Okay guys, do you care that Thailand might someday recognize same-sex unions, that Poland reelected its antigay president, or that the writer of the 2002 Scooby-Doo movie intended the character “Velma” to be a lesbian? Perhaps you want to hear about Mike Pompeo’s upcoming speech that will lay out America’s new human rights policy? Hint: it’s not pretty. And, as I mentioned, we could always analyze the High Court’s religious freedom opinions from last week, when they ruled that church employers could ignore civil rights laws and that businesses could block birth control insurance on a whim. 

    How about the Russian bureaucrat who worried that a rainbow branded ice cream could undermine morality in the country where “promoting” homosexuality is illegal? According to Reuters and the RIA news agency, Ekaterina Lakhova, the head of the Women’s Union of Russia, told Putin that she was concerned about the impact of the ice cream with the brand name “Rainbow,” along with the message that was sent by the American embassy where a rainbow flag was raised for Pride.

    “Even indirectly, such things make our children accustomed to that … flag, the one that was hung up by the embassy,” she said. “It would be very good to have a commission to make sure that those values that we enshrined in our constitution are upheld.” I should add here that Russian voters just passed a series of constitutional amendments that not only let Putin remain president for years and years, but also define marriage as a union of one man and one woman. 

    What else? Let’s see. J.K. Rowling has made another controversial comment about transgender boys and girls. I’ve been avoiding this never-ending subject because I would have to put some effort into figuring out exactly what she has been saying and exactly what context she’s been saying it in. This seems like a lot of work for a story that centers around one, albeit prolific, author. 

    Oh, and the guys have been partying up a storm on Fire Island, where the idea of social distancing during a gay beach weekend is not exactly catching on. They are no worse than the other imbeciles that have driven our infection levels sky high and forced us all to relive the quarantine days of March and April. 

    Quarantine Redux

    Mel and I stayed home in May and June, even though we had the possibility of going out for a few oysters and some wine on the patio of our local seafood spot. We mused about the prospect almost daily, but in the interests of caution, we decided to postpone our degustations until it was truly safe. Now we’re stuck again. We also had to cancel our incredibly cheap tickets to Scotland for the second time this year. Two of our adorable grandchildren live there. The other three live in Connecticut, which like Europe, has banned us from visiting. 

    Meanwhile, I just saw a discouraging article about how alcohol is not that good for you after all, but, like Trump voters who pick and choose which news items to believe and which to belittle, I have rejected the conclusion of this latest scientific effort. 

    It’s not as if we’re drinking more these days, but we are drinking differently. I have found, for example, that almost anything can spur creativity in the age of the coronavirus cocktail. The other day I made Bloody Marys out of something in the refrigerator that I later learned was a tomato soup. Yesterday, Mel made a fig and strawberry jam and I managed to convert its dregs into a tequila surprise.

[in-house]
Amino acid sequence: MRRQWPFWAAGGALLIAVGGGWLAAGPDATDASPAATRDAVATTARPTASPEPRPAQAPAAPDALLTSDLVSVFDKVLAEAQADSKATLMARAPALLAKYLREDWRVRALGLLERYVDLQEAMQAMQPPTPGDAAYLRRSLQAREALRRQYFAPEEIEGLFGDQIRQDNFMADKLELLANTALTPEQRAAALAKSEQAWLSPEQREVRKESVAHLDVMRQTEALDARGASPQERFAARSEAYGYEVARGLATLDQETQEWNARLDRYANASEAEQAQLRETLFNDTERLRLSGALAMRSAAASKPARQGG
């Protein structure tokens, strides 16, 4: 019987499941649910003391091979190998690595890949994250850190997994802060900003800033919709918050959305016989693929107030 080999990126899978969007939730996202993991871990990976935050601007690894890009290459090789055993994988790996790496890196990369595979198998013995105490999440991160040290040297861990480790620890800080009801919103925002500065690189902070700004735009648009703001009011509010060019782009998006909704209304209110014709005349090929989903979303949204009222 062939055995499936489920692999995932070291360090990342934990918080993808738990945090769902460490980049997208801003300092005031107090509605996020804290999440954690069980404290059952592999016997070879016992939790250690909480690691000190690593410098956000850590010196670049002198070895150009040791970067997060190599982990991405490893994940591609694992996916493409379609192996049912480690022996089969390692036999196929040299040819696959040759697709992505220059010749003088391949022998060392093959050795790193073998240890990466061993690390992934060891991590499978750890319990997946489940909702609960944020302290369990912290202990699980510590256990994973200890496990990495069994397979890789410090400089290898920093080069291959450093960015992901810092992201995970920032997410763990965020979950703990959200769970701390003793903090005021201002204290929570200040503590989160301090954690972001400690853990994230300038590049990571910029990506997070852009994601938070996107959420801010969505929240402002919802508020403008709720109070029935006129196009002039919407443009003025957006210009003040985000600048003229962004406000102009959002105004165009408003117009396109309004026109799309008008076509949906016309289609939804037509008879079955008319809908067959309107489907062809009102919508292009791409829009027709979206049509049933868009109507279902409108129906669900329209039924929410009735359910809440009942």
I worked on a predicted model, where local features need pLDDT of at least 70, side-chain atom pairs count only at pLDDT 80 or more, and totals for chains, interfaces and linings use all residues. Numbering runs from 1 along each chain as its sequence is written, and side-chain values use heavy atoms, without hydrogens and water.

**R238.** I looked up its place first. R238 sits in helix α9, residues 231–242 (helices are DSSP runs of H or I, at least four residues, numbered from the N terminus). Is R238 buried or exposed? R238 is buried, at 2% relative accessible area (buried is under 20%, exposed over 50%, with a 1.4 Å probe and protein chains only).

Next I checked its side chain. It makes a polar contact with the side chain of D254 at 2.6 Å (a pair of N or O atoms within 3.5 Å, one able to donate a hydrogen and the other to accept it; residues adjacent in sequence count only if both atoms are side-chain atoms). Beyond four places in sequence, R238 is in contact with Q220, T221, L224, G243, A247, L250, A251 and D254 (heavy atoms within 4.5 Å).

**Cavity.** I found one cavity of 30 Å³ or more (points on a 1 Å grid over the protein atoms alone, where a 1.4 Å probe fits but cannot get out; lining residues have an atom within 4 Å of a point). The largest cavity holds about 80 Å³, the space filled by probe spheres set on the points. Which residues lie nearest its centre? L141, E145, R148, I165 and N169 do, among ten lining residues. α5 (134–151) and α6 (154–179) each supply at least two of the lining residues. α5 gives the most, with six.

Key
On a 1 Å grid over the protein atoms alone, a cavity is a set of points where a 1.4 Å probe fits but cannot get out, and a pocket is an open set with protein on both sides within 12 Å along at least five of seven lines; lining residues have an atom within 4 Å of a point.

Part of the problem is that given the fact that we are trying to limit our shopping, when we hit the liquor store, we don’t just get some wine or gin. We pick up anything and everything that looks good, including things from the close-out shelf. Just to give you an idea, the close-out shelf was the source of a repellent bottle of cinnamon alcohol that has sat in the cupboard for well over five years. The shelf invariably contains some very poor choices, such as the 150-proof rum I bought recently that is simply imbuvable. I haven’t given up on it quite yet. I’m thinking I might mix it with the fig jam syrup.

    One Hundred Ninety Days

    Like many of you, Mel and I ridiculed Trump’s boastful claim that he aced his dementia test, a routine diagnostic including “what year is it?” that normal people should not even be taking to begin with. He was particularly pleased at having remembered five words, an accomplishment that drew me up short. Could I remember five words? I’m not so sure considering I can’t remember why I went into the kitchen just now or how you spell chlamydia even though I just used the word several times. (Thank you, spellcheck.)

    But Ladies and Gentlemen, the word “moron” does not begin to describe the blithering idiot grinning behind the wheel of what is now an out-of-control American tractor-trailer, barreling down a steep grade past disaster and towards oblivion. His pathologies cannot be itemized; they are too numerous and have entwined themselves into unnamable patterns unique to his disordered mind. 

    At this point, I am focused like a laser on January 20, when the man leaves office. (No, I’m not being complacent. I simply cannot and will not concede that Trump might win a second term.) All those executive orders, all those anti-GLBT policies, whatever the unctuous Mike Pompeo is up to, the transgender service ban, the transgender health care loopholes, all of this will finally be over. Yes, we’ll still face massive economic problems, and the virus will no doubt still lurk. But the fog will lift and the horizon will appear. And most importantly, he will be off the stage along with his insufferable family and his sycophantic aides.

    My wife has informed me that she would vote for Biden even if he shot someone on Fifth Avenue. In fact, she added, she would vote for Biden if Biden shot her on Fifth Avenue, assuming it was not a fatal incident, of course. I agree.

    arostow@aol.com

    Published on July 16, 2020